Argumenta – Journal of Analytic Philosophy


Presentism and Causal Processes

Issue: Issue 07 • Author/s: Ernesto Graziani
Topics: Epistemology, Ontology, Philosophy of language, Theoretical philosophy

Presentism is the view that only present temporal entities (tenselessly) exist. A widely-discussed problem for presentism concerns causation and, more specifically, the supposed cross-temporally relational character of it. I think that the best reply to this problem can already be found in the literature on temporal ontology: it consists, roughly, in showing that (at least) some of the main approaches to causation can be rephrased so as to avoid commitment to any cross-temporal relation, including the causal relation itself. The main purpose of this paper is to extend this reply…

Book Reviews

Issue: Issue 11 • Author/s: Peter Øhrstrøm, Giulia Lorenzi, Laura Caponetto, Bianca Cepollaro
Topics: Aesthetics, Epistemology, Metaphysics, Moral Philosophy, Ontology, Philosophy of language, Theoretical philosophy

Can a City Be Relocated? Exploring the Metaphysics of Context-Dependency

Issue: Issue 13 • Author/s: Fabio Bacchini, Nicola Piras
Topics: Epistemology, Metaphysics, Philosophy of science, Theoretical philosophy

This paper explores the Persistence Question about cities, that is, what is necessary and sufficient for two cities existing at different times to be numerically identical. We first show that we can possibly put an end to the existence of a city in a number of ways other than by physically destroying it, which reveals the metaphysics of cities to be partly different from that of ordinary objects. Then we focus in particular on the commonly perceived vulnerability of cities to imaginary relocation; and we make the hypothesis that cities…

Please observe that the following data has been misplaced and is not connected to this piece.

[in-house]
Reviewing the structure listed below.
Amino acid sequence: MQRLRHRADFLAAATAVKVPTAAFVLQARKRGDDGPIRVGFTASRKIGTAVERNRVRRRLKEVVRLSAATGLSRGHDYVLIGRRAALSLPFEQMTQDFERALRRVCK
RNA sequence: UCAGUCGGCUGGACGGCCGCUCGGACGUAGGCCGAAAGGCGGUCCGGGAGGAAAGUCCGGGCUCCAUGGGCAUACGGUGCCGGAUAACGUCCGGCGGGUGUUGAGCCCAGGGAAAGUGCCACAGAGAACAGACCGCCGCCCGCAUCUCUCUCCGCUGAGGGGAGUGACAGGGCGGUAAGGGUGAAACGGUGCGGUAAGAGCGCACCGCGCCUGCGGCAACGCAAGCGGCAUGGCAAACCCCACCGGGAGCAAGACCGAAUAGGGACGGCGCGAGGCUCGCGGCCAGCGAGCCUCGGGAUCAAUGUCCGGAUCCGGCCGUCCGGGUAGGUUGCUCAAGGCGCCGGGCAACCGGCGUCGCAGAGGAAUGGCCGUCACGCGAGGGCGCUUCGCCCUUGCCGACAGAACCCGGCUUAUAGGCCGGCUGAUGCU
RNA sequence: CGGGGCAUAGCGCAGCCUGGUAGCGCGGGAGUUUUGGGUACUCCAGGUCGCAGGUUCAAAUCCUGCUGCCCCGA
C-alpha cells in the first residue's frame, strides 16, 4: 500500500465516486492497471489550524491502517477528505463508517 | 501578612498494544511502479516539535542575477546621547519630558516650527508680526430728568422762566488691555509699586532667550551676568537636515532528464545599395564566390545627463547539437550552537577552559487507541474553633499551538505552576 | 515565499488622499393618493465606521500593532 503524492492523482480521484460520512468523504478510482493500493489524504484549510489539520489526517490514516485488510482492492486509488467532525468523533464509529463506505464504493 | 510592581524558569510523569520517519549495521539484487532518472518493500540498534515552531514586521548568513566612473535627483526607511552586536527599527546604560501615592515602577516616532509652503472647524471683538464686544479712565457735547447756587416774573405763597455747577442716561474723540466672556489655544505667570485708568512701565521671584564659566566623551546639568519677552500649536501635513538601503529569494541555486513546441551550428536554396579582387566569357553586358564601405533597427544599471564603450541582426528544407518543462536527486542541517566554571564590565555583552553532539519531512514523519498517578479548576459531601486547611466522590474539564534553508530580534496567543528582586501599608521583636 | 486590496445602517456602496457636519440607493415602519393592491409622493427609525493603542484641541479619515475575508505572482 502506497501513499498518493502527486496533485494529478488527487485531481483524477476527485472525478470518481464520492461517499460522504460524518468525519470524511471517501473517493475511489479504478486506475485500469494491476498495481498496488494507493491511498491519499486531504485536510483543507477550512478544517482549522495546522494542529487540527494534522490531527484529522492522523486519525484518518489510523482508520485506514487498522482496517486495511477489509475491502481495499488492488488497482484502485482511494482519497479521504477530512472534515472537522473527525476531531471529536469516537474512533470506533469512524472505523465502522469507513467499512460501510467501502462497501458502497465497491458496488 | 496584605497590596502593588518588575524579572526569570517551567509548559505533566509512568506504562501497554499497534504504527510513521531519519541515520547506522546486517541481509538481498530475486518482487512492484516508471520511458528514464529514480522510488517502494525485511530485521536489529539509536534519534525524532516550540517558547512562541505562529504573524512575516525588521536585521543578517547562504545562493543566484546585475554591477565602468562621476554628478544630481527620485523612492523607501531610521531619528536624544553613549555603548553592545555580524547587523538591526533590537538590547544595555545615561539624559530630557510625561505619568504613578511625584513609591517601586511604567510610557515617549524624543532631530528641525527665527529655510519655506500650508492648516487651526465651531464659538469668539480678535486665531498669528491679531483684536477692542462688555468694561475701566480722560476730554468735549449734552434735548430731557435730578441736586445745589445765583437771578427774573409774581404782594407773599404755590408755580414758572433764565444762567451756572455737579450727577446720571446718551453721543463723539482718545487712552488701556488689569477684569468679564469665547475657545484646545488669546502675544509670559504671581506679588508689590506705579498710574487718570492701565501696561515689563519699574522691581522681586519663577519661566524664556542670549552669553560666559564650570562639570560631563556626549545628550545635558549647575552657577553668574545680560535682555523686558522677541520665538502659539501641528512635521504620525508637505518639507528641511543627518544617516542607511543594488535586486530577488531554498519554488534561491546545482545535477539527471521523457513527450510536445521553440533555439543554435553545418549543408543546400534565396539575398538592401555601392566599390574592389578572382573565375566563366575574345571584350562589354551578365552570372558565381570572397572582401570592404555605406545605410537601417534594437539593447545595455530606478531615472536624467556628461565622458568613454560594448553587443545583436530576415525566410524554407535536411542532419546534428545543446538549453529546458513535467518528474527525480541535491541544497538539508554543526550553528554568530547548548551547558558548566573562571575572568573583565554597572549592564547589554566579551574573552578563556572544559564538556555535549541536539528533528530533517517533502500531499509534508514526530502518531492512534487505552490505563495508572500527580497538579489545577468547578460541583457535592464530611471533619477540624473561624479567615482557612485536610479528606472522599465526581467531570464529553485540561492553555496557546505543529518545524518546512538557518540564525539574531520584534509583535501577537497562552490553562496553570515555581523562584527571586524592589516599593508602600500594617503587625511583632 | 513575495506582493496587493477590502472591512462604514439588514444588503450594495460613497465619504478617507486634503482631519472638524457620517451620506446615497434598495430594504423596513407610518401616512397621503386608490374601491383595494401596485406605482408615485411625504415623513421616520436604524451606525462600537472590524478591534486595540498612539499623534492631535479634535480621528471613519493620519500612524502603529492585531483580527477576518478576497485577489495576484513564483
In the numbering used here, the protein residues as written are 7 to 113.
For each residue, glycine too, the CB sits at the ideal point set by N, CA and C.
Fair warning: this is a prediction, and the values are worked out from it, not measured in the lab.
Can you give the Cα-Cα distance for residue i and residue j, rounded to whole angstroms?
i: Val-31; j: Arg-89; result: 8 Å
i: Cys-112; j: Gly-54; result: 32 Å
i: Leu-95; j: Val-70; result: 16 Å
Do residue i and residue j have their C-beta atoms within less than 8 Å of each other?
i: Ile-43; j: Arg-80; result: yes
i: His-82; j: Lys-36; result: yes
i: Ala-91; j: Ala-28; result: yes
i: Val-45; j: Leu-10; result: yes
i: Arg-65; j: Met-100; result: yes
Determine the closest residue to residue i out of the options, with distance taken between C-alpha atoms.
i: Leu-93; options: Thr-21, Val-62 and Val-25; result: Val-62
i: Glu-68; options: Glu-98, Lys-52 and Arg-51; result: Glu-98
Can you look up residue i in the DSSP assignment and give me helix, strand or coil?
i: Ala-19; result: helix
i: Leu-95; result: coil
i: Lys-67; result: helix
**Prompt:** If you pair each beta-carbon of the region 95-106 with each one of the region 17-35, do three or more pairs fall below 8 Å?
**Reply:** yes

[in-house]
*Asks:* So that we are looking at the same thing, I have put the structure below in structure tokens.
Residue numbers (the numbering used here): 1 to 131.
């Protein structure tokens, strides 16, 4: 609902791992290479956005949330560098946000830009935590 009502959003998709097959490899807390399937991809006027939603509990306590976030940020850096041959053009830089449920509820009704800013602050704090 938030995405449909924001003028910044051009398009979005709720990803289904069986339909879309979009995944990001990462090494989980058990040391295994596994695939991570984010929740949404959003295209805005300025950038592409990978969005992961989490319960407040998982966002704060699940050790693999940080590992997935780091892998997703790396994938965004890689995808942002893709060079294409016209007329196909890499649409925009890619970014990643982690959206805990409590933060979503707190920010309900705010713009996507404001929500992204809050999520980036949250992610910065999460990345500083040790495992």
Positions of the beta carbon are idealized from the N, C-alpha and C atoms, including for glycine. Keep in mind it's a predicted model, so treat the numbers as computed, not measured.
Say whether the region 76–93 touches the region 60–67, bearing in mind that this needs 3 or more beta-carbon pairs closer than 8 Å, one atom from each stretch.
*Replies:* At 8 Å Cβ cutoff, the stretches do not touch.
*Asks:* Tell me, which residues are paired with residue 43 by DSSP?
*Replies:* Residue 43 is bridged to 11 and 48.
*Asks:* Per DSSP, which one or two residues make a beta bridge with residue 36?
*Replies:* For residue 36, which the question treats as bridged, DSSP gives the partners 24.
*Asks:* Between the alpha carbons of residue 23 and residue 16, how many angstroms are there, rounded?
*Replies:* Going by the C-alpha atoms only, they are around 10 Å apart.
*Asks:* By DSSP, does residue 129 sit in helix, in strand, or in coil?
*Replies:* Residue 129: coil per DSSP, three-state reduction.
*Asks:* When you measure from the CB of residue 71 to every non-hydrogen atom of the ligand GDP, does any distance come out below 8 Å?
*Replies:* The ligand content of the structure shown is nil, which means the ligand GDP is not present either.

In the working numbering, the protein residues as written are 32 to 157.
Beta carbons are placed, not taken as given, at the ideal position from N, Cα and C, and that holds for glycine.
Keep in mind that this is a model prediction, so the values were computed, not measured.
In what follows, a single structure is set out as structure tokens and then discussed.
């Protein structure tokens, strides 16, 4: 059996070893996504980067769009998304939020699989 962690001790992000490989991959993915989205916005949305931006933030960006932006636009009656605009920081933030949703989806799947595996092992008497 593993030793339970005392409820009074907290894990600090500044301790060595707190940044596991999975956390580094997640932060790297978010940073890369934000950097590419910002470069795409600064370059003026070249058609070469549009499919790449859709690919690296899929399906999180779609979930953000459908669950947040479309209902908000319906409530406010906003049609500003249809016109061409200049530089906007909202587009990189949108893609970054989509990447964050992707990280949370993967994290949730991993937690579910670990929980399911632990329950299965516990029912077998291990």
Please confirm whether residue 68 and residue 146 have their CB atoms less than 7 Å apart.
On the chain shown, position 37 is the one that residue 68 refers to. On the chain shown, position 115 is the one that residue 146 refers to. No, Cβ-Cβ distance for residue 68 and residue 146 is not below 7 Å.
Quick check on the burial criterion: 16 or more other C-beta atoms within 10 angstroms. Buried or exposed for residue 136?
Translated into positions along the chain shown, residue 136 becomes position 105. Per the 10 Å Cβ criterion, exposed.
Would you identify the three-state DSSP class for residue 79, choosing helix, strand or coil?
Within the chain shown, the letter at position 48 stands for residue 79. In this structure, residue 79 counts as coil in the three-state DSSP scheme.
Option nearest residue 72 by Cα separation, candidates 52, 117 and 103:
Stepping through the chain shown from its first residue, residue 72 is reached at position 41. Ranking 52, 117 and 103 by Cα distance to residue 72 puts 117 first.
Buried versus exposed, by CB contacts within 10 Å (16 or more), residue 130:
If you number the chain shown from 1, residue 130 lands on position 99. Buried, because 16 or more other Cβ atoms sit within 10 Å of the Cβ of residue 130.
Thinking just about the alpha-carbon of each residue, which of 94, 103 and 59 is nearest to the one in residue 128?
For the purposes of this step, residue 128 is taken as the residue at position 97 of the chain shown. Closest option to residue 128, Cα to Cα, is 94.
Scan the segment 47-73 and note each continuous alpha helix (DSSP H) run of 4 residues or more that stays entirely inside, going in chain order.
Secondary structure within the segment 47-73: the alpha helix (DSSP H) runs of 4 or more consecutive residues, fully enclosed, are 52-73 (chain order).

Olympians and Vampires: Talent, Practice, and Why Most of Us ‘Don’t Get It’

Issue: Issue 14 • Author/s: Alessandra Buccella
Topics: Epistemology, Philosophy of Medicine, Philosophy of Sport, Theoretical philosophy

Why do some people become WNBA champions or Olympic gold medalists and others do not? What is ‘special’ about those very few incredibly skilled athletes, and why do they, in particular, get to be special? In this paper, I attempt to make sense of the relationship that there is, in the case of sports champions, between so-called ‘talent’, i.e. natural predisposition for particular physical activities and high-pressure competition, and practice/training. I will articulate what I take to be the ‘mechanism’ that allows certain people to rise to the Olympus of…

Kant on the Analyticity of Logic

Issue: Issue 15 • Author/s: Costanza Larese
Topics: Epistemology, Philosophical logic, Philosophy of language, Theoretical philosophy

This paper calls into question the traditional interpretation that logic is, according to Kant, analytic. On the basis of a reconstruction of the salient features of both Kant’s theory of analyticity and conception of pure general logic, it is shown that Kant does not apply the analytic-synthetic distinction to logical judgments at all. Moreover, applying Kant’s definitions beyond his reasons for leaving the matter unsolved leads to the result that many logical judgments are neither analytic nor synthetic.
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